We often evaluate sleep simply in terms of its duration.  However, good sleep is more than just about length.  We can evaluate sleep quality using 4 factors: Starting, Length, Intensity, and Maintenance (“SLIM” for short):


  1. Starting: assesses how easily you can fall asleep when you first close your eyes
  2. Length: gauges the duration of total sleep
  3. Intensity: is the measure of deep sleep you are getting
  4. Maintenance: is the ability to remain sleeping and resist waking (e.g. from noise, light, stress, pain, etc)


These factors explain why some people can function healthily with just a few hours of sleep.  As we age, we can change our true sleep quality - how you feel in the morning and your alertness during the day - by improving our scores on the other 3 factors besides Length: Starting, Intensity and Maintenance.



If our bodies do not change how they manage sleep during adulthood, then does age affect sleep or could it be the other way around?  By improving our sleep quality, could we change our “inner age” or how old we feel?

Feeling “old’ is often associated with a lack of energy, greater joint pain, and lack of mobility.  These symptoms of older age can be eliminated or delayed by improving your sleep quality.   We spend about a third of our lives sleeping – and with good reason. Restful, restorative sleep is incredibly important for our bodies and minds.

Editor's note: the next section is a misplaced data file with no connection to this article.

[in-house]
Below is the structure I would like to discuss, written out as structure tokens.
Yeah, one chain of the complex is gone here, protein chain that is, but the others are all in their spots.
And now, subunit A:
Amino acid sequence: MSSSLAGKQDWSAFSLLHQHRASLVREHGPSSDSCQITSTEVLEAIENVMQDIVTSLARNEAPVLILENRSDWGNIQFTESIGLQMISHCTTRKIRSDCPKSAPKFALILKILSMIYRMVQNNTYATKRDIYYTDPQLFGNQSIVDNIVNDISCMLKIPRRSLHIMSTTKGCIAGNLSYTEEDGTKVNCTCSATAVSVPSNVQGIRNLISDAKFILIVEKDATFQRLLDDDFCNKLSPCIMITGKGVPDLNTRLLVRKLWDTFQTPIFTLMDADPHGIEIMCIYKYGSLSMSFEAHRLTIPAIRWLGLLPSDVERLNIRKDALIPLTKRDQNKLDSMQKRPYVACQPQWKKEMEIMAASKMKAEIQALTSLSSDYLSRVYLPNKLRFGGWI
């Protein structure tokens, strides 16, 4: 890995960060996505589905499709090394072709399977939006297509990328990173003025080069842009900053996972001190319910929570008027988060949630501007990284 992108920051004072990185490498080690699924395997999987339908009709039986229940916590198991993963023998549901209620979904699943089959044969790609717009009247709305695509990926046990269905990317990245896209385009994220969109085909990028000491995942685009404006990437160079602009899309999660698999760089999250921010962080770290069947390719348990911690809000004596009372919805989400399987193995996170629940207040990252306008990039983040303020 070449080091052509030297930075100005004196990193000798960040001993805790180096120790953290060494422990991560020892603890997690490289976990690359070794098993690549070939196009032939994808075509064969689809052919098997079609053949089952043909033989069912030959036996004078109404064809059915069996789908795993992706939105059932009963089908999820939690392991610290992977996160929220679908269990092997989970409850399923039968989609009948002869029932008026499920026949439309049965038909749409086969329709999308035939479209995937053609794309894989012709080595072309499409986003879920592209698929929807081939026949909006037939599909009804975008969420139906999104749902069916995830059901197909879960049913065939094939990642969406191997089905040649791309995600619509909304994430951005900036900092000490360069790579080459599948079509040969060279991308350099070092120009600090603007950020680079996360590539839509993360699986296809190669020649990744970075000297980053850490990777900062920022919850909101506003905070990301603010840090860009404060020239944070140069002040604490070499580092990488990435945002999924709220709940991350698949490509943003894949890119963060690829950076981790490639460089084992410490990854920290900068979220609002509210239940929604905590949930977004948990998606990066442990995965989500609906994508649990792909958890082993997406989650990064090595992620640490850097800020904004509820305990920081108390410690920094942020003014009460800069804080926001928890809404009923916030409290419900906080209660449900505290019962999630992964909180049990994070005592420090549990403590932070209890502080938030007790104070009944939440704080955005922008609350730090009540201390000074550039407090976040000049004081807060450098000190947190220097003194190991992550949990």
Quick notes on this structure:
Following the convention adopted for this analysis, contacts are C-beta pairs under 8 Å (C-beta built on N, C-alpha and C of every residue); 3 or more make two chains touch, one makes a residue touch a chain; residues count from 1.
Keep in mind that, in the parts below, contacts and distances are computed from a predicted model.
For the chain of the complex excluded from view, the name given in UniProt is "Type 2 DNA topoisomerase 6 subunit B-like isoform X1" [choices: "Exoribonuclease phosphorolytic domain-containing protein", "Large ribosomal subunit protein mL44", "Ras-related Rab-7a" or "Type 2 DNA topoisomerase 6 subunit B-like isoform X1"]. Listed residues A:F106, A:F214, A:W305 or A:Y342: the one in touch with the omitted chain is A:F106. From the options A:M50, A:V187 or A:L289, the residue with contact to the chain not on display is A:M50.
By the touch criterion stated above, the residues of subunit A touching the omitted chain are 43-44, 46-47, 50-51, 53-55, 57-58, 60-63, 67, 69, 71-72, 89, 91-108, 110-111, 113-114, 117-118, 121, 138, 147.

In fact, by focusing on the lifestyle choices you make that affect the 4 sleep quality factors, you could reduce your inner age!  Perhaps the old saying – “You’re only as old as you feel” – can be true not just for a moment in time, but for an extended period of your everyday life.



What are some sleep tips to feel younger and “reverse” aging?

  • Start with Your Bed. Is your mattress supporting your lower back and keeping your spine aligned? Is your pillow supporting your neck? Would you sleep better if you had better pressure-relief near your hips and shoulders? Do you have a temperature-neutral sleep surface or do you get hot in bed? Are you able to comfortably sit up to read or watch TV in bed?


  • Consider Your Environment. Does your partner snore, have breathing issues or move often in bed? Would you sleep better in independent but connected beds? Is your room too bright, or too noisy?  Is the humidity correct in your room?


  • Check Your Bedtime Routine. Do you drink caffeine late in the day? Can you avoid eating or drinking alcohol at least 3 hours before bedtime?  What would encourage you to reduce time on your devices before bed?  Do you maintain a regular schedule through the week?


  • Watch Your Exercise & Diet. Do you get the recommended amount of daily exercise for someone your age? Do you exercise at the right time of day?  Do you limit high-fat, spicy foods?  Have you checked if your drinks and medication contain hidden caffeine?


  • Reflect on your mental health. Do you have racing thoughts that prevent you from falling asleep? Are you struggling to cope with trauma or loss? Are you stressed about work or family?  Have you considered speaking to a doctor or therapist to help cope with your anxiety?  Have you tried practicing meditation?


By making small changes in your lifestyle and environment, you can dramatically improve your sleep quality and reduce your “inner age”. 


To learn more about how you can improve your sleep quality, contact the friendly sleep experts at Ultramatic.